Hands-on Activity: Chair Design
Educational Standards :
Learning Objectives (Return to Contents)
After this activity, students should be able to:
Materials List (Return to Contents)
Each group needs:
To share with the entire class:
Introduction/Motivation (Return to Contents)
Engineers are responsible for designing everything in the human-made world. What might this include? (Have students name a few items.) Yes, they design airplanes, bridges, cars, computers, computer keyboards, etc. It's pretty obvious that you would need someone to design these things.
Engineers are also responsible for designing the less obvious products. How about boxes? Teams of engineers are responsible for designing cardboard boxes to serve very specific purposes. What types of things do you think they consider as they design boxes?
What could happen if the box is not sturdy enough for the cargo?
You can see that a lot of thought must go into each item that is designed. The design of the box changes depending on what is inside. You could have two items that require the same size box, but the box would need to be different because one box is for a bottle of liquid medicine and the other box is for pens. How do you think this would affect the box design?
Think about a chair. It might be hard to imagine that engineers are still designing chairs considering how long they've been around, but think of a baby's high chair vs. a chair in a doctor's office. What factors must engineers consider as they design chairs?
The answers to these questions helps to dictate the design. For example, a chair in a doctor's office can be covered in fabric. But, this would be a bad idea for a baby's high chair since it gets so dirty every day.
For the next few weeks you will act as engineers. You will work in teams to design and build a chair prototype. You will outline where your chair will be located, who will sit in it, etc. Then, you will design and build a prototype. As you work, you will follow the steps of the engineering design process, and record your design process in an Engineer's Journal. You will use wire for your chair prototype, but think about what kind of materials you would use when you turned your prototype into a real chair.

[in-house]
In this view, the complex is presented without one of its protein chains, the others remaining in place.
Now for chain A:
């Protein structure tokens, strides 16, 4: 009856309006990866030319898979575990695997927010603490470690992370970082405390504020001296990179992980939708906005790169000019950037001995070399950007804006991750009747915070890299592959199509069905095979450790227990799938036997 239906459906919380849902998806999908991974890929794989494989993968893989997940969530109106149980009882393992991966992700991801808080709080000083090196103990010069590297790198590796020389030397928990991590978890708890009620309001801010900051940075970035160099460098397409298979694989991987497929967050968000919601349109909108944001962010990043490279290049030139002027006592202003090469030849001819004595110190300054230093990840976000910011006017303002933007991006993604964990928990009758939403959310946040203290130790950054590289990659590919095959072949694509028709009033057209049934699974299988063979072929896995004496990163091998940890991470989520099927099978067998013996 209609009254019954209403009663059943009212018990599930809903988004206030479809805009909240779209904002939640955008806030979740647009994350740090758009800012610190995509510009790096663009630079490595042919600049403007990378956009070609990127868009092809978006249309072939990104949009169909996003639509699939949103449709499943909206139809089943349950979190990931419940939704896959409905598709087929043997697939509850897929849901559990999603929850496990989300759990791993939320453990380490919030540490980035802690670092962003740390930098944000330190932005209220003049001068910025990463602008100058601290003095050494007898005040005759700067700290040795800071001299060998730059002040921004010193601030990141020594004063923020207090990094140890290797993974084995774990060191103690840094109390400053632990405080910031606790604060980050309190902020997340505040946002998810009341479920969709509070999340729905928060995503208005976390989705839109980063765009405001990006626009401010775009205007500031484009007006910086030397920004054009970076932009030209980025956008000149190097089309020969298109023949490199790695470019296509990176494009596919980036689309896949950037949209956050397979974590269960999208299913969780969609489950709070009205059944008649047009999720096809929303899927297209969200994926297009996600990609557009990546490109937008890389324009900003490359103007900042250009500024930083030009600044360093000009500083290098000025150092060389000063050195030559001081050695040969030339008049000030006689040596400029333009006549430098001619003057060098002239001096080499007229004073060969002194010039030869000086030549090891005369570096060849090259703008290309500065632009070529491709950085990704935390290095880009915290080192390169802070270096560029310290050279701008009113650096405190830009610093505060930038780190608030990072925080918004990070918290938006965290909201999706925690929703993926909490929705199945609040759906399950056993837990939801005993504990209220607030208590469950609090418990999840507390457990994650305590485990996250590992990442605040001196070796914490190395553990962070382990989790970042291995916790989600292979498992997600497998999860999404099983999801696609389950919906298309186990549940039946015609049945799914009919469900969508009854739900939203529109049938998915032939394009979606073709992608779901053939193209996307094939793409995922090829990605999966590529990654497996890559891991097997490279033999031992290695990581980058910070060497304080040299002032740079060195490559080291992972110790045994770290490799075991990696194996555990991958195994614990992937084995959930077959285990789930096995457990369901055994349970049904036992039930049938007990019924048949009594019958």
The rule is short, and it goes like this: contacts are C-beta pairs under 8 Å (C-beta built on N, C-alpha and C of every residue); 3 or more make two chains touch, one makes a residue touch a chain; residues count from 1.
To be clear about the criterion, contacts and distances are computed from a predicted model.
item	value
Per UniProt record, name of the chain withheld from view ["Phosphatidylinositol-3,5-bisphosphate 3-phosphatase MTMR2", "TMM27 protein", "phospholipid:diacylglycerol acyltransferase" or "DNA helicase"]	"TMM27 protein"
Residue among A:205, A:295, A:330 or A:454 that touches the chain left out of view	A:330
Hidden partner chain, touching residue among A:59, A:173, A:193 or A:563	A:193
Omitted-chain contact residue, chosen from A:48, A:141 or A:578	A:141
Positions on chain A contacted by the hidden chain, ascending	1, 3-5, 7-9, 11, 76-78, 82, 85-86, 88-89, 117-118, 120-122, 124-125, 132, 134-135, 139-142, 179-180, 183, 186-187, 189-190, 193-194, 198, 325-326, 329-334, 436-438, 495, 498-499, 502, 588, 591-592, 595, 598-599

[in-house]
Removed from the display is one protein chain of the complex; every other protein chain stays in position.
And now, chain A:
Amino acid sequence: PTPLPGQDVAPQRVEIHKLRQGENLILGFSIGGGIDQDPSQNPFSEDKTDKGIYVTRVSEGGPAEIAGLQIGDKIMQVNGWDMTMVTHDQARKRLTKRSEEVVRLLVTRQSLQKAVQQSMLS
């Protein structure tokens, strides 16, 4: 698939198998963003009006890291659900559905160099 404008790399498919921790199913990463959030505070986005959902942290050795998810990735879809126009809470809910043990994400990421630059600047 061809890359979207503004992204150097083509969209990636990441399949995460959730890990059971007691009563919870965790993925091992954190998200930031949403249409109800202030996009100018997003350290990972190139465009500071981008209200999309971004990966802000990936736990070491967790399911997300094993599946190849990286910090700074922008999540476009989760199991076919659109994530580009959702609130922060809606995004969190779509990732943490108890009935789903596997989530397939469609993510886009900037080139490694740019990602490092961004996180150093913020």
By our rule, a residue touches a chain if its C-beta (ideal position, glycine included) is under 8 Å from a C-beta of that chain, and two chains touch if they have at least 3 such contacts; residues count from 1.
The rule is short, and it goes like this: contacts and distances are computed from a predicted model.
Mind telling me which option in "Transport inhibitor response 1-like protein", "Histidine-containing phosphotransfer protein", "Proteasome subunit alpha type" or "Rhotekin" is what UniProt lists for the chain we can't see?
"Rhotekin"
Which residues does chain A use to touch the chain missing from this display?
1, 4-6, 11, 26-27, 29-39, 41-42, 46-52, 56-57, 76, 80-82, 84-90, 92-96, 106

Vocabulary/Definitions (Return to Contents)
Procedure (Return to Contents)
Before beginning the activity, lead a discussion with the class about engineering and what engineers do. Students should know that engineers follow the steps of the engineering design process as they work. The basic steps are: identify the problem, brainstorm ideas, choose and plan the best idea, create a prototype, test, and redesign.
Before the Activity
With the Students
Safety Issues (Return to Contents)
Investigating Questions (Return to Contents)
Assessment (Return to Contents)
Activity Embedded Assessment
Design Journal: As students progress through the activity, have them fill in the prompted questions and sketches in the attached My Chair Design Journal. Review their answers to gauge their comprehension of the subject.
Evaluation Rubric: Evaluate students using the attached Chair Design Matrix, which includes the criteria categories of brainstorming, imaging-planning-improving, creating, sharing and prototype design .
Additional Multimedia Support (Return to Contents)
Learn more about the engineering design process at http://www.teachengineering.org/engrdesignprocess.php
ContributorsAndrew Afram, Erica Wilson, Elissa Milto
Copyright© 2006 by Tufts University
Supporting Program (Return to Contents)Center for Engineering Educational Outreach, Tufts University
Last Modified: March 6, 2014